Atmospheres of Converted Architecture: Technologies of aestheticising buildings in re-use
Departing from studies of gentrification, which assume that converting architecture is primarily based on political and economic factors, this analysis tenders a cultural reading of the phenomenon that primarily aims at opening up the black box of the aestheticization of converted buildings. Aestheticization is, then, not a pre-existent state that can be applied to different localities. Rather, I will zoom in on the mode of how aestheticization comes into view as a process that is made up and then held in place (or not).
In this project, architecture is understood as a ‘socius’, an artefact co-existent to the social actor, which becomes part of different programs during its lifetime. Conversion means the re-use of a building disconnected from its former typological program of use. In my view, when speaking of conversion one speaks about the processes of changing atmospheres in buildings. In fact, this process of changing atmospheres enables the process of aestheticization. Thus, conversion does not only mean the re-use of a building disconnected from its former (typological) program of use. When re-enacting empty and/or decaying buildings, they become desirable because their atmosphere changes in a specific way. Thus, when re-using buildings, they are likely to become aesthetic(ized) objects. Thinking of conversion of architecture from such point of view, I will speak of buildings in re-use as atmospheric actor networks (drawing on the work of ANT).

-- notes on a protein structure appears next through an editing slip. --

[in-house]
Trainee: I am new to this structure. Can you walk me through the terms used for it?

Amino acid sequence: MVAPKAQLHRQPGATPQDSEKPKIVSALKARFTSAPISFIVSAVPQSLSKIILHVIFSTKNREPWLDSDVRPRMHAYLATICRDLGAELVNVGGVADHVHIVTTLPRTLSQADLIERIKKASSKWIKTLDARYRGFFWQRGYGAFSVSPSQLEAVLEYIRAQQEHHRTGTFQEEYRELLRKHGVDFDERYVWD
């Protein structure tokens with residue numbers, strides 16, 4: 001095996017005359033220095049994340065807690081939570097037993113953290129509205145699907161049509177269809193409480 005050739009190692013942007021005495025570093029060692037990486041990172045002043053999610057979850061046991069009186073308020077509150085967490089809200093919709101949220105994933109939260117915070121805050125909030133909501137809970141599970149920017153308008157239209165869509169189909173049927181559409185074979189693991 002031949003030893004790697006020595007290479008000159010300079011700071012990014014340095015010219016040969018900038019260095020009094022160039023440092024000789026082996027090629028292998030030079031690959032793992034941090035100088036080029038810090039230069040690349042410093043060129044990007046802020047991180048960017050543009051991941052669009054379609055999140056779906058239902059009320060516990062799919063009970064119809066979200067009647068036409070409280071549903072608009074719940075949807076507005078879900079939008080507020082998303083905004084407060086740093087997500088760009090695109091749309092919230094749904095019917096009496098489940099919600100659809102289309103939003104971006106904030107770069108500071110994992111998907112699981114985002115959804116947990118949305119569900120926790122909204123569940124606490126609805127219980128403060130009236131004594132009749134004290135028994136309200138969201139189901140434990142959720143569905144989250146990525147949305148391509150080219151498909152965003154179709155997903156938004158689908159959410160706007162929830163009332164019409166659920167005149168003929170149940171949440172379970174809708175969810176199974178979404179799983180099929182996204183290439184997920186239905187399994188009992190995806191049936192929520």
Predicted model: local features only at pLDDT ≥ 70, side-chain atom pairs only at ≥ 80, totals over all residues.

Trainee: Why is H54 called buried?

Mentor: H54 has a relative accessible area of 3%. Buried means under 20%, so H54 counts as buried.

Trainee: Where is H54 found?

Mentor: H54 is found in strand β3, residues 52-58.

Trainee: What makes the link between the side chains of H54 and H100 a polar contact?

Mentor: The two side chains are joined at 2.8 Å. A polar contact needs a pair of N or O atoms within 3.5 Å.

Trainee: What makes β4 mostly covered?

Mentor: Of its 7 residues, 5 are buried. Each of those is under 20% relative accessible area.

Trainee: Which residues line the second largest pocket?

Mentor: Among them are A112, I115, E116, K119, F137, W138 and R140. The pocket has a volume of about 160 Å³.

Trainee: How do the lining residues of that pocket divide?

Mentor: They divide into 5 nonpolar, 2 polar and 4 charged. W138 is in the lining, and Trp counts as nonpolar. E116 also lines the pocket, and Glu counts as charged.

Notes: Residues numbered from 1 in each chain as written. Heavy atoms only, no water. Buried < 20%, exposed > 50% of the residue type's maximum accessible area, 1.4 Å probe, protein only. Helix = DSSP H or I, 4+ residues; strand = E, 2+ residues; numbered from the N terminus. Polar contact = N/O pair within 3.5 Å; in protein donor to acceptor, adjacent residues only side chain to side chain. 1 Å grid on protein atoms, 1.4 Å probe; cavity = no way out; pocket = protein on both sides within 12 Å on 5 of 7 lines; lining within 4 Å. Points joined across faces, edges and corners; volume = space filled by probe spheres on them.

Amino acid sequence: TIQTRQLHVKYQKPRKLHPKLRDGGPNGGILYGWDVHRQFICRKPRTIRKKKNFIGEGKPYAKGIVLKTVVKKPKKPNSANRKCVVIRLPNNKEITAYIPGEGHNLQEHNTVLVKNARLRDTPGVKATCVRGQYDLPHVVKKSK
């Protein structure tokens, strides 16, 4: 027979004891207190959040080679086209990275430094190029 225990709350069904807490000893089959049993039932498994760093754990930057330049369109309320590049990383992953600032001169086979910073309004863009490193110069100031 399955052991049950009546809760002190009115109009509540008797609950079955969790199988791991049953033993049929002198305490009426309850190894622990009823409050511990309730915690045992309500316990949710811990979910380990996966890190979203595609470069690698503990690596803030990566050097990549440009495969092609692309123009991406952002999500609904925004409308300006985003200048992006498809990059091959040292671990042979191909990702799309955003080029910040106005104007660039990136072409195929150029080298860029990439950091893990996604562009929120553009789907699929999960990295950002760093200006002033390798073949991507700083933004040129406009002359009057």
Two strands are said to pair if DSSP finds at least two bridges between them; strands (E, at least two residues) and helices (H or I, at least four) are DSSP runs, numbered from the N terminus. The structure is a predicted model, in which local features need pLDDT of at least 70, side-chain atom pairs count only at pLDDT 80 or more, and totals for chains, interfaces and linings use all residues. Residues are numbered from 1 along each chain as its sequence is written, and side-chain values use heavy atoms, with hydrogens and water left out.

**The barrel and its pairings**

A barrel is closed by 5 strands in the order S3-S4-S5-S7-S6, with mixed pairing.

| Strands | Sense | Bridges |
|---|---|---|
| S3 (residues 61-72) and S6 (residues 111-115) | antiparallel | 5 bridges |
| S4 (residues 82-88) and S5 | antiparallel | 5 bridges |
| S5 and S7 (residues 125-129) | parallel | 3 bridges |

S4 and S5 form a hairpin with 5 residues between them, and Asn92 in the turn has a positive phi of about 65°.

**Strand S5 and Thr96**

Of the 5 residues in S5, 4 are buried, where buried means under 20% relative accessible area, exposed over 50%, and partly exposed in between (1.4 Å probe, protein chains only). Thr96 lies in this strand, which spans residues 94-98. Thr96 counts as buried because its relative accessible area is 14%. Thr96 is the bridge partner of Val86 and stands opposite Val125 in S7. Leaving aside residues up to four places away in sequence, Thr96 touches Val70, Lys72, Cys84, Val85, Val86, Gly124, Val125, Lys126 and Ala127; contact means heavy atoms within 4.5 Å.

My ‘case studies’ depart from fleeting conversions which architecture becomes involved in, up to a temporal conversion over a certain period of time, and, considering the politics of heritage, a permanent conversion program of architecture.
|Period:||01.10.2008 – 30.09.2011|